Republican presidential candidate former President Donald Trump speaks after voting in the Florida primary election in Palm Beach, Fla., Tuesday, March 19, 2024.
Health Politics

Trump advocates for a nationwide ban on abortions at 15 weeks of pregnancy

NEW YORK (AP) — For the first time, Donald Trump expressed support on Tuesday for a national ban on abortions at approximately 15 weeks of pregnancy, suggesting that he would be open to the idea.


By selecting three justices to the U.S. Supreme Court who voted to reverse Roe v. Wade, the Republican former president has claimed credit for overturning a constitutionally protected right to an abortion. Trump has declined to support any particular restrictions on the procedure as he runs for president for a third time, stating that doing so could backfire politically. Instead, he has hinted that he would “negotiate” an abortion policy that would allow for exceptions in cases of rape, incest, and to protect the mother’s life.


On Tuesday, however, Trump attacked Democrats in a radio interview for refusing to support a law that would restrict abortions in places where the practice is still legal.


While tuning into WABC’s “Sid & Friends in the Morning,” Trump declared, “We’re going to come up with a time — and maybe we could bring the country together on that issue.”


Trump continued, saying, “People are agreeing on 15 now, the number of weeks.” And that’s what’s on my mind. And the result will be something pretty fair. However, even conservatives are in agreement—15 weeks appears to be a quantity that people are comfortable with.


Concurrently, Trump appeared to imply opposition to a federal prohibition.


ban on abortions
Representational image. AFP

“Everyone knows—you’ve heard this for years—that this is a state issue, as do legal experts on both sides. It’s a state problem, not a federal one, he declared.


Calling the reports “fake news,” Trump’s campaign last month rejected rumours that he had privately advocated for outlawing abortions beyond 16 weeks of pregnancy. Trump’s campaign stated that he intended to “negotiate a deal” on abortion without providing any further information.


Later on Tuesday, following his vote in the Republican primary in Florida, a reporter asked Trump if he would support a ban on abortions before 16 weeks of pregnancy. He responded, “We’ll be talking about that soon.”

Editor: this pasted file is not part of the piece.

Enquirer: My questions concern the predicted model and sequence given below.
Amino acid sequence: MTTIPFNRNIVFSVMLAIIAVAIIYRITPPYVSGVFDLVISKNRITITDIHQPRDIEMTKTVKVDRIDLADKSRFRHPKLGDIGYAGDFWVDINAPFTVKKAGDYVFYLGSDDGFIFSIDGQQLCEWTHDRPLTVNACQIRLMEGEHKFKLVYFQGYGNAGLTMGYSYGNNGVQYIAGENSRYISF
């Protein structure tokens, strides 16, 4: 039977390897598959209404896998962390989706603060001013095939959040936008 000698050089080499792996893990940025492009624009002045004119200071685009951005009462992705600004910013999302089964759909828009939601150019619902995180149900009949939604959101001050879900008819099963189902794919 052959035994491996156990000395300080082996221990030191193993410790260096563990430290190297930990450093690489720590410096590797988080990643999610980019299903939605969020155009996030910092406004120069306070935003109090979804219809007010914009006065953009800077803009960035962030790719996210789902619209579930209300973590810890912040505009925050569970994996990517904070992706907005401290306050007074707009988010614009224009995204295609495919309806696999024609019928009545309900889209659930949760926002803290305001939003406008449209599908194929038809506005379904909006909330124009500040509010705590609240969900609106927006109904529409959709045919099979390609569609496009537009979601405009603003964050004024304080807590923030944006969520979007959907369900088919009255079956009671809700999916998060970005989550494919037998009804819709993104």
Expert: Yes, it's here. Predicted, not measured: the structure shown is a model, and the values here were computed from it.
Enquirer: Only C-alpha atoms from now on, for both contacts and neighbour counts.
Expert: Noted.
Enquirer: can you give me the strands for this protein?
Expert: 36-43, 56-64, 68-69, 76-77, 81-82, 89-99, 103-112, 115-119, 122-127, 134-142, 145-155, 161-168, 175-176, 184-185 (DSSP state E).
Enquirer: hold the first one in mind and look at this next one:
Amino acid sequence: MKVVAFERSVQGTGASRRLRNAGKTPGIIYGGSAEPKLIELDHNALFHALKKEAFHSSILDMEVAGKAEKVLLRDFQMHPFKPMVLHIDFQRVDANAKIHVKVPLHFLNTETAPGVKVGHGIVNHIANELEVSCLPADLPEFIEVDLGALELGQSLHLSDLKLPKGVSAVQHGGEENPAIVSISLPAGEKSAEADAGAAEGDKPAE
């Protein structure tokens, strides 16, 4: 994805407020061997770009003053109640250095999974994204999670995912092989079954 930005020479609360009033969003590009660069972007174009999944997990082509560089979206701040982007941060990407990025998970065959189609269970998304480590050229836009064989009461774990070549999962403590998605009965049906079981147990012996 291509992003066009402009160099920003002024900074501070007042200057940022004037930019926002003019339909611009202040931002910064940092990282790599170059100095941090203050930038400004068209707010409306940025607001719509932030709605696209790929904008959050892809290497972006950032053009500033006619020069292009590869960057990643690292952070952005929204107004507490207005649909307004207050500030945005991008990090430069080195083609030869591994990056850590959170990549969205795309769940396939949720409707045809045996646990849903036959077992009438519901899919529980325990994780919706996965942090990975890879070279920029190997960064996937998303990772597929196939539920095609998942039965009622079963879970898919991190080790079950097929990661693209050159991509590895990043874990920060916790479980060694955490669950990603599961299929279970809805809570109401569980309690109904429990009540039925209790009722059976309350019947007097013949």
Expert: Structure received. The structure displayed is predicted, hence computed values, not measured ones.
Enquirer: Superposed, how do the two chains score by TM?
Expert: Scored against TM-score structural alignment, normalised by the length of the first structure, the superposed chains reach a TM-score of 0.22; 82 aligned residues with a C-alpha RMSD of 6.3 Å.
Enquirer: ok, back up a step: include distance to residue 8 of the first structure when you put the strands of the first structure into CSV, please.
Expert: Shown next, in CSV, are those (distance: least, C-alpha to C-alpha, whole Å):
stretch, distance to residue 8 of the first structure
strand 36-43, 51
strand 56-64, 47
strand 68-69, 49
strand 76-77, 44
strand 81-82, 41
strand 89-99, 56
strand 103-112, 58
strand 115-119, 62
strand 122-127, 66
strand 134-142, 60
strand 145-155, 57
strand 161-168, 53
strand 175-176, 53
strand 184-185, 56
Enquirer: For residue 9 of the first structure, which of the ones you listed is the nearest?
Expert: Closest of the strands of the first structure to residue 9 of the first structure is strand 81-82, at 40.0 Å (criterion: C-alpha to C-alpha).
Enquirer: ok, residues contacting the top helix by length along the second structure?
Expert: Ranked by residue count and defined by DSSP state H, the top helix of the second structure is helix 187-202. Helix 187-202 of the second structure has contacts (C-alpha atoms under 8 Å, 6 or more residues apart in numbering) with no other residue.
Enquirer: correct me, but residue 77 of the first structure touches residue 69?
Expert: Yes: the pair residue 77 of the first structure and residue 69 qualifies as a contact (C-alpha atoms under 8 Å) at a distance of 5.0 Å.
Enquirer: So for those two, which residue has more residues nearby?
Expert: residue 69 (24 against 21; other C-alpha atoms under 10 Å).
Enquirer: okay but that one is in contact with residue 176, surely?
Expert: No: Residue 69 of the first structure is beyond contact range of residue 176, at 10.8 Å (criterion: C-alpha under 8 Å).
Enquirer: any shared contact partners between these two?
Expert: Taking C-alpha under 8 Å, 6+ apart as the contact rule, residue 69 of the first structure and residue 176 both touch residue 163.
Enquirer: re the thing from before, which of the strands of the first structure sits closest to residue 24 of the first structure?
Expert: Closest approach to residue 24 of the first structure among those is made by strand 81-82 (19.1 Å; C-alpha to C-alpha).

Voters’ passion for abortion rights has grown in recent years, and Democrats, along with President Joe Biden’s campaign, are getting ready to highlight the issue as a glaring difference between them and Trump in the 2024 election.


The majority of Americans, according to polls, think that abortion should be permitted up until the first trimester of pregnancy. An Associated Press-NORC Centre for Public Affairs Research study from last June found that roughly half of American citizens believed abortions should be legalized at 15 weeks.


Tracking  Bans on Abortion Across the Country:


Compared to the precedent set by Roe v. Wade, which regulated reproductive rights for almost fifty years until the Supreme Court overturned the ruling last year, twenty-one states either outlaw or restrict abortion earlier in pregnancy.



Bans on Abortion at 15 weeks of pregnancy
Representational image. AFP

Advocates have filed lawsuits to overturn prohibitions and restrictions, and in certain places, the legal battle over abortion access is still raging. Other states have taken action to increase access to abortion by enacting new laws.


The Supreme Court struck down the constitutional right to an abortion in Dobbs v. Jackson Women’s Health Organization, keeping track of state laws pertaining to abortion.



Understanding Ban on Abortion:

Status of elective abortion in the United States
Representational image. AFP

Pre-Roe bans: Most states repealed abortion bans in effect as of 1973 once Roe made them unenforceable. However, some states and territories never repealed their pre-Roe abortion bans. Now that the Supreme Court has overturned Roe, these states could try to revive these bans.


Trigger bans: abortion bans passed since Roe was decided that are intended to ban abortion entirely if the Supreme Court limited or overturned Roe or if a federal Constitutional amendment prohibited abortion.


Pre-viability gestational bans: laws that prohibit abortion before viability; these laws were unconstitutional under Roe. Gestational age is counted in weeks from the last menstrual cycle (LMP) or fertilization.


Method bans laws that prohibit a specific method of abortion care, most commonly dilation and extraction (D&X) procedures and dilation and evacuation (D&E) procedures.


Reason bans: Laws prohibiting abortion if sought or potentially sought for a particular reason. These bans typically name sex, race, and genetic anomalies as prohibited reasons. However, there is no evidence that pregnant people are seeking abortion care because of the sex or race of their fetus.


Criminalization of self-managed abortion (SMA): Some states criminalize people who self-manage their abortion, i.e., end their pregnancies outside of a health care setting.


The laws of each state or other jurisdiction have a considerable impact on the legality of abortion in the United States as well as the different limits placed on the operation. Some states forbid abortion with few exceptions at any point during a woman’s pregnancy, while others only allow it up until a specific point, and yet others authorize it all the way through. Several types of limits on abortion procedures can be found in jurisdictions where the practice is permitted. These include legislation requiring parental approval or notification, requiring patients to see an ultrasound before receiving an abortion, requiring waiting periods, and requiring counselling.


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